GRC 2020

Third-Party GRC Management by Design

More than ever before, organizations consist of an interconnected web of relationships and transactions that rely on third parties. If this describes your business, and if you’d appreciate guidance relating to your third-party governance processes, you will want to download this white paper.

Download White Paper

A Strategic Plan and Actionable Steps for Third-Party GRC Management

In his white paper from the analyst firm, GRC 20/20, you’ll learn how to:

  • Develop your organization’s third-party governance team
  • Optimize processes, information, and technology architecture
  • Design effective periodic risk assessment and monitoring
Download the GRC 20/20 White Paper

Organizations often struggle to govern their third-party relationships—and too often manage risk and compliance in silos that then fail to see the big picture (and exponential consequences) of risk exposure.

Approaching third-party GRC management with a design mindset creates holistic visibility and situational awareness across departments. The questions are—how do you define third-party GRC management? What are the critical elements of a strategic plan? And, what are the fundamental steps for success?

Fragmented governance of third-party relationships through disconnected department silos leads the organization to inevitable failure. Siloed information and/or reactive, document-centric, and manual processes fail to actively govern relationships and manage risk and compliance in the context of the third-party relationship and broader organizational objectives and values. Silos leave the organization blind to the intricate relationships of risk and compliance exposures that fail to get aggregated and evaluated in context of the overall relationship and its goals, objectives, and performance.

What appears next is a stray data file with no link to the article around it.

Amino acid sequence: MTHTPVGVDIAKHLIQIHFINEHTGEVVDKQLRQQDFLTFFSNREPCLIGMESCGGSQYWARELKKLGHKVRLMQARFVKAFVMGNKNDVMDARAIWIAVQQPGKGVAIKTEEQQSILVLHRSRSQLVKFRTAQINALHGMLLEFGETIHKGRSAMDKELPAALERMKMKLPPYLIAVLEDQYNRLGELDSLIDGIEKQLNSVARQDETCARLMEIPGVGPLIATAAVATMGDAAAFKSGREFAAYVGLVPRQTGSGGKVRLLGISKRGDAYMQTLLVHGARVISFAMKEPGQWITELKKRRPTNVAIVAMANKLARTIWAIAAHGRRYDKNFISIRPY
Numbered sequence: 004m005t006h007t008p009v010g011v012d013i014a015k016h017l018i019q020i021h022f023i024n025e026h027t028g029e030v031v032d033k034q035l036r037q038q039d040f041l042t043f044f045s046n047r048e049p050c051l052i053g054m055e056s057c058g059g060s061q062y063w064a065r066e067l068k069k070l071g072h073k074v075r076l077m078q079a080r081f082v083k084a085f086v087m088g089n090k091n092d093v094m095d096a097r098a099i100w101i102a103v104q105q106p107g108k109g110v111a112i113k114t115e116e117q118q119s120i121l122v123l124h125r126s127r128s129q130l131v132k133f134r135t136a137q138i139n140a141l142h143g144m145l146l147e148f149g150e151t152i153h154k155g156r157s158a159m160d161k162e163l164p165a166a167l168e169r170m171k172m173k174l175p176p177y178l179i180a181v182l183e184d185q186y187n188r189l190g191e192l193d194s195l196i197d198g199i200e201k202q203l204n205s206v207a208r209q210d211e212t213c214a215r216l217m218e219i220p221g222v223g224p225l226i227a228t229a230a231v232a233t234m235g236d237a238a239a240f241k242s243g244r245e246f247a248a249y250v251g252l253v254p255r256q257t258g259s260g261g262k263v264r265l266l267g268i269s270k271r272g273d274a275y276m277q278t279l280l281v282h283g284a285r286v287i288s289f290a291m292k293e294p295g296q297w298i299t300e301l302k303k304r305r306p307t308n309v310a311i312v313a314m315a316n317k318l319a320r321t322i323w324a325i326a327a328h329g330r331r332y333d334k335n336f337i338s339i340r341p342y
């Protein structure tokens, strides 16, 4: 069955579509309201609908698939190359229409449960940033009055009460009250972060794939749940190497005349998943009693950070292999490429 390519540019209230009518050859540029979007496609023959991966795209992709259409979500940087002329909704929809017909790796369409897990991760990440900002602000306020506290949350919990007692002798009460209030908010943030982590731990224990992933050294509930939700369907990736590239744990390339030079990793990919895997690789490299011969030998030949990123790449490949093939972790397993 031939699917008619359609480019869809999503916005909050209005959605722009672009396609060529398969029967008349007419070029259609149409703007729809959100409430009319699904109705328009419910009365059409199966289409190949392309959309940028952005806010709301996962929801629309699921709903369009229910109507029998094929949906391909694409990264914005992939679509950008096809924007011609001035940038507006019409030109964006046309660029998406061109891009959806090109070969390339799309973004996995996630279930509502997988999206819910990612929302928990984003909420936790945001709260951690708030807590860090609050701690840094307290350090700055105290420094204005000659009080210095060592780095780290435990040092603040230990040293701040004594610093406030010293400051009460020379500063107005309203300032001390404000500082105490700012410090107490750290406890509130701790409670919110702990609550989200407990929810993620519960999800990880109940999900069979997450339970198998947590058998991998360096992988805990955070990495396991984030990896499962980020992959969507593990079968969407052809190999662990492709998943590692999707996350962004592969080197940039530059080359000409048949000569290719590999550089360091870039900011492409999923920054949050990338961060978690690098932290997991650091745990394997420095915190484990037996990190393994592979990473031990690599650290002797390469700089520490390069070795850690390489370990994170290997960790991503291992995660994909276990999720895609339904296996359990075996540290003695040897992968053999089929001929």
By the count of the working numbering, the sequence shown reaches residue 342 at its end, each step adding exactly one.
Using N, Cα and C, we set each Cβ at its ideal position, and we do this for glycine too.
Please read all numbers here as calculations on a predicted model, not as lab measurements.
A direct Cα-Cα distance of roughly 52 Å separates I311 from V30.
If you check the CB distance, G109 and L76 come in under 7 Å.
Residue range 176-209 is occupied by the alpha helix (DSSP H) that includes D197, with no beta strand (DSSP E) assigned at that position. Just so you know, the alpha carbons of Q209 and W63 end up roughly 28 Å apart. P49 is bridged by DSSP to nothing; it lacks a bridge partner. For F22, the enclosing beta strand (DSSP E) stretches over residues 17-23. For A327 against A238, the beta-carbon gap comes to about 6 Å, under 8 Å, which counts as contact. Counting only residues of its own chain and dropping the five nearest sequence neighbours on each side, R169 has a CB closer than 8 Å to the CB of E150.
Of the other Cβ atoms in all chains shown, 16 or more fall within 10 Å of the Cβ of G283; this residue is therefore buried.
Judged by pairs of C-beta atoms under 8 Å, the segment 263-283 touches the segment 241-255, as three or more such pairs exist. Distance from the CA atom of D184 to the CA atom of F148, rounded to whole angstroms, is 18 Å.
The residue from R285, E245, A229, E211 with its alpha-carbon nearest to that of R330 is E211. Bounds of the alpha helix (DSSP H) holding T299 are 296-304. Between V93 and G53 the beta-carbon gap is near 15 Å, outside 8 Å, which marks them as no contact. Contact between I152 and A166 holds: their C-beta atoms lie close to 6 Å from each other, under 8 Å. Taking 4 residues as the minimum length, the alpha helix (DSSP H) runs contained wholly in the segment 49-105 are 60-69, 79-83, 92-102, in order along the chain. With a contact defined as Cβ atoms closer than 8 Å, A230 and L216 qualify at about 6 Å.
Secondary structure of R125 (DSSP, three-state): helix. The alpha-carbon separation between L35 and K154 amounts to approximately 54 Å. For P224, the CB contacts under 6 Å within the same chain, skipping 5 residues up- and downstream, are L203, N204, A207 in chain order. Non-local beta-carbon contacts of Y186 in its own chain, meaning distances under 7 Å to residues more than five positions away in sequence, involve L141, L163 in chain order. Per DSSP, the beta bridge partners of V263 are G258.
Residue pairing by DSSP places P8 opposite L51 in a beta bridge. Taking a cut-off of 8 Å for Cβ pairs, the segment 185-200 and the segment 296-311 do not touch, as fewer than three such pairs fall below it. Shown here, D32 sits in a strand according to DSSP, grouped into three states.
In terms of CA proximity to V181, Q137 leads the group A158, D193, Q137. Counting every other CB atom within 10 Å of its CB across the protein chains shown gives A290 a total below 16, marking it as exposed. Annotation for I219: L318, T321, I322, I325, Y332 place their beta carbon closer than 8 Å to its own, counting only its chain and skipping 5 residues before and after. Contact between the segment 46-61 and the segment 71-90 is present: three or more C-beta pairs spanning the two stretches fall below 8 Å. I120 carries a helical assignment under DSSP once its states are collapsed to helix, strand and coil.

Third-Party GRC Management by Design White Paper, GRC 20/20


What are the most common ways that third-party governance fails?

One of the main ways that third-party governance fails is when there are growing risks and regulatory concerns, but there are insufficient resources to take them into account. A second reason for failure are interconnected third-party relationships that are not visible in a connected way. A third main way that third-party governance fails is when there are silos of third-party oversight that don’t talk to each other. Another reason for failure are document- and email-centric approaches that make it easy for important details to be overlooked. Scattered or non-integrated legacy third party technologies, processes focused on onboarding only, inadequate processes to manage change, and third-party performance evaluations that neglect risk and compliance are additional ways that governance in many organizations falls short.

What is third-party GRC?

Third-party GRC is a “capability to reliably achieve objectives [GOVERNANCE], while addressing uncertainty [RISK MANAGEMENT], and act with integrity [COMPLIANCE] in and across the organization’s third-party relationships.” This is adapted from the official GRC definition in the OCEG GRC Capability Model.

What are the various approaches that organizations take to manage third-party relationships?

GRC 20/20 has identified three approaches that organizations take to manage third-party relationships. The first approach is to manage third-party relationships in ad hoc department silos, otherwise known as the anarchy approach. The second approach is a one size fits all method, or the monarchy approach, in which third-party relationships are managed centrally by one department. The third way is an integrated and collaborative approach, termed the federated approach. Read the white paper for more details on these approaches and the challenges and benefits of each.